After that, we might expect some new US policy announcements in time for the 26th United Nations Climate Change Conference (COP26) in Glasgow, planned for the first two weeks of November 2021.
6. What will power tomorrow’s aircraft: Electric, Hydrogen, Synthetic, or Biofuels?
How can we achieve these net-zero goals?
To date, the airline industry has pursued many different paths to increase its overall energy efficiency, including less thirsty jet engines, advanced wing airfoils with integrated winglets that reduce drag, and lighter fuselage materials for greater fuel economy – and when all else fails, carbon offsets.
Unfortunately, while these improvements are real, they are small – just nibbles at the edge of the problem.
The bottom line is moving to net-zero aviation will require significant changes to aircraft propulsion systems and fuel systems.
The aviation consultant Leeham Company recently published an in-depth analysis on the pros and cons of the alternatives under consideration (subscription required), including:
- Battery electric power
- Liquid hydrogen powered fuel cells
- Gaseous hydrogen powered fuel cells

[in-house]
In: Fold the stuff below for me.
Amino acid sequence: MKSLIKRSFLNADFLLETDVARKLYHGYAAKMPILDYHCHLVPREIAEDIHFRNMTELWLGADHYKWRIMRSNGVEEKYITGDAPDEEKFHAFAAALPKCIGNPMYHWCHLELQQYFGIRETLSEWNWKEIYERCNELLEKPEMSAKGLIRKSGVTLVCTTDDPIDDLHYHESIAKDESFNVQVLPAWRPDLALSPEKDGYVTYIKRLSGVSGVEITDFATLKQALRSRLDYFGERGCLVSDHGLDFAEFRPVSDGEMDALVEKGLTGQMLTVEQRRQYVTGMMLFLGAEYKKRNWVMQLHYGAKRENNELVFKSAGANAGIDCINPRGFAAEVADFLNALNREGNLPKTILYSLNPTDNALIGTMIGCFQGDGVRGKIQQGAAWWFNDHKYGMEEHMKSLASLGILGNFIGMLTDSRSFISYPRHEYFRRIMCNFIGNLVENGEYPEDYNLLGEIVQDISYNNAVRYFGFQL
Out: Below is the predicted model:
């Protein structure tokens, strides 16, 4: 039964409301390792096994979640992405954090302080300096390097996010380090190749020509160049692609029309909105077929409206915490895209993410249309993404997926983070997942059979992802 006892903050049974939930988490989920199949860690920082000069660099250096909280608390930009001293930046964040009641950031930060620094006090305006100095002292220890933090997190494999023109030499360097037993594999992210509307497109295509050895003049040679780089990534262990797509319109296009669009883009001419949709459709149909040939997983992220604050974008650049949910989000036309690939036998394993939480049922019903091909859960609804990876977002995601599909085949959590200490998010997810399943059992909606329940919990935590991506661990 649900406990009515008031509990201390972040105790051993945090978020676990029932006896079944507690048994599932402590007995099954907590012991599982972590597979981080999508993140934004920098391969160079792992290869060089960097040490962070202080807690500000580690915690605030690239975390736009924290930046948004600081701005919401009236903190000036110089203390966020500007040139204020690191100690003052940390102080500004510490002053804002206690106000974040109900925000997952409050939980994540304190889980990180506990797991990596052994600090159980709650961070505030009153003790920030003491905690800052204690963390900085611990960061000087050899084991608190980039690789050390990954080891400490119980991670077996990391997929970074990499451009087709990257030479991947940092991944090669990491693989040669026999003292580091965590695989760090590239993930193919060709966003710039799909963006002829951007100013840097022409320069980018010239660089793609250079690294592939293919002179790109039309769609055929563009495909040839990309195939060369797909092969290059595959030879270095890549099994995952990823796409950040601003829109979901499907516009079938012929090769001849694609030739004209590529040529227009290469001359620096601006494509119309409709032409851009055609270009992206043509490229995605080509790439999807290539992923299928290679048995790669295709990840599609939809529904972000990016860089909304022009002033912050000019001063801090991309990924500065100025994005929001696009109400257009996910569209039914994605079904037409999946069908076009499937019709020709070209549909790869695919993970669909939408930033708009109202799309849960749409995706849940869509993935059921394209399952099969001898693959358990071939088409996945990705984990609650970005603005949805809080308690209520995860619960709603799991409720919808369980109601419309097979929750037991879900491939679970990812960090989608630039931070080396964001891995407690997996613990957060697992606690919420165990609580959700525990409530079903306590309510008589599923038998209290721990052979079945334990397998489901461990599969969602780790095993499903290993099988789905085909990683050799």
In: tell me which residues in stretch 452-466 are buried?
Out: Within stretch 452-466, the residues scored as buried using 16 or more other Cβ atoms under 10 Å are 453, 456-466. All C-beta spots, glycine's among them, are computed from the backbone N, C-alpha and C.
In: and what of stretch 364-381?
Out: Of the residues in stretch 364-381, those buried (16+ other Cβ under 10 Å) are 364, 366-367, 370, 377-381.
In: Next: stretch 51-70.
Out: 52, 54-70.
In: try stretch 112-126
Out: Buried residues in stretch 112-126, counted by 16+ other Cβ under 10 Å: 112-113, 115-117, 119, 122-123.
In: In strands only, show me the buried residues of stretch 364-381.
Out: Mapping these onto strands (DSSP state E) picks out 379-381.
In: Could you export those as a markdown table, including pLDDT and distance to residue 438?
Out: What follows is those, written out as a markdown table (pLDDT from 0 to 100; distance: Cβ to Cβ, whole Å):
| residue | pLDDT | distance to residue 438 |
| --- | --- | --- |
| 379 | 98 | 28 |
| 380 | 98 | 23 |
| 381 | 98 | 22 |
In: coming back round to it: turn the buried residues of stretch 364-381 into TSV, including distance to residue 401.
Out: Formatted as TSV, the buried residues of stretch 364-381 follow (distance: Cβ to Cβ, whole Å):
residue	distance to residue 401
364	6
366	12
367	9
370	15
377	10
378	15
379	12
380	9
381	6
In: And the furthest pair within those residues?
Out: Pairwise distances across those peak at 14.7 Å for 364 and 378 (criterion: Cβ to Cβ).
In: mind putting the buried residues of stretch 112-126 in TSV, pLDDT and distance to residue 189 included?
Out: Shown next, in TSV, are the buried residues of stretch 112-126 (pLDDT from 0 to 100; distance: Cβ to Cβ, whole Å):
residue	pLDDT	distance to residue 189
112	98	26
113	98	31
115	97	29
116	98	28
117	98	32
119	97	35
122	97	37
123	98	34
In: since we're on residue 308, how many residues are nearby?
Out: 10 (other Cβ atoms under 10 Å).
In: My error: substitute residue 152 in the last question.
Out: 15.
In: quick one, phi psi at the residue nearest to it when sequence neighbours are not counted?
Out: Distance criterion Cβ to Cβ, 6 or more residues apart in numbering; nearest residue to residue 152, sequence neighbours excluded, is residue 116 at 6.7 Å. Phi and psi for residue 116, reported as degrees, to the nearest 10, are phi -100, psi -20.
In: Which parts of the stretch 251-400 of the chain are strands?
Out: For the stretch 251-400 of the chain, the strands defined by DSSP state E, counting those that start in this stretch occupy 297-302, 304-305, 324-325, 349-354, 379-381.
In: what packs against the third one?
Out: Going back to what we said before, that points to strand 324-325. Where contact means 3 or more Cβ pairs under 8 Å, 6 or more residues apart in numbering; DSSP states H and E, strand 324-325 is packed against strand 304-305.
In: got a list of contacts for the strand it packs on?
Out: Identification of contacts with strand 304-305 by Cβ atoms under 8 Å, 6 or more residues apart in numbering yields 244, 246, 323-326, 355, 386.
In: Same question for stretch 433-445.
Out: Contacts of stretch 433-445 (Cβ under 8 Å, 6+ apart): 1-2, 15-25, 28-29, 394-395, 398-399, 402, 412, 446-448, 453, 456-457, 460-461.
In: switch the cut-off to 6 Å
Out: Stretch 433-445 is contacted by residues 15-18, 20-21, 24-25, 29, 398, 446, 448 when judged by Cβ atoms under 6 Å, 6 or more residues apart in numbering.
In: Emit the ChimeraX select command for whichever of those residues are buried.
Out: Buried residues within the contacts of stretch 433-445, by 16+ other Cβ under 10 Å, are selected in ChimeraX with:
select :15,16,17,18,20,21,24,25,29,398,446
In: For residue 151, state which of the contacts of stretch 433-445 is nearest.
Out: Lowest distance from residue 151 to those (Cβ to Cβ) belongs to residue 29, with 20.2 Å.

- Sustainable Aviation Fuel (SAF) made from bio-mass, fat waste, or syngas
According to Leeham’s analysis, heavier long-range aircraft will need to use some form of Sustainable Aviation Fuel (SAF), e.g. fuel made from carbon neutral sources, for the foreseeable future.
But there are exciting developments for lighter, short-range aircraft.
Indications are that hydrogen-powered fuel cells will be capable of powering small to medium commercial flights over short distances.
Last fall, ZeroAvia in the UK performed the first flight of an aircraft powered by a gaseous hydrogen fuel cell. It plans to build a 50 seat turboprop, with market entry by 2026.
Battery electric power, for now, appears to be limited to much lighter aircraft. But for some applications, that is a perfect fit. For example, British Columbia-based Harbour Air is busy assembling an all-electric seaplane fleet.
7. Flying Taxis Take to the Skies
As it turns out, lightweight electric aircraft may be one of the biggest trends in aviation in 2021.
But you’re less likely to see one flying at in traditional airline fleet, rather the big push by entrepreneur and investors is to capture the new “aerial mobility” market – in other words, build and operate autonomous flying taxis – in a push to become the “Uber of the skies.”
It’s no coincidence that we mention Uber here. Prior to the pandemic, Uber was flying high (so to speak) and had invested heavily in so-called eVTOL aircraft (short for electric vertical takeoff and landing) to capture the future market in airborne ride-hailing transportation services.
But the pandemic hit Uber’s flying vehicle division, dubbed Uber Elevate, pretty hard, forcing it to sell the flying car project to Joby Aviation at the end of 2020.
Joby Aviation, which acquired Uber’s flying car project, plans to go public this year.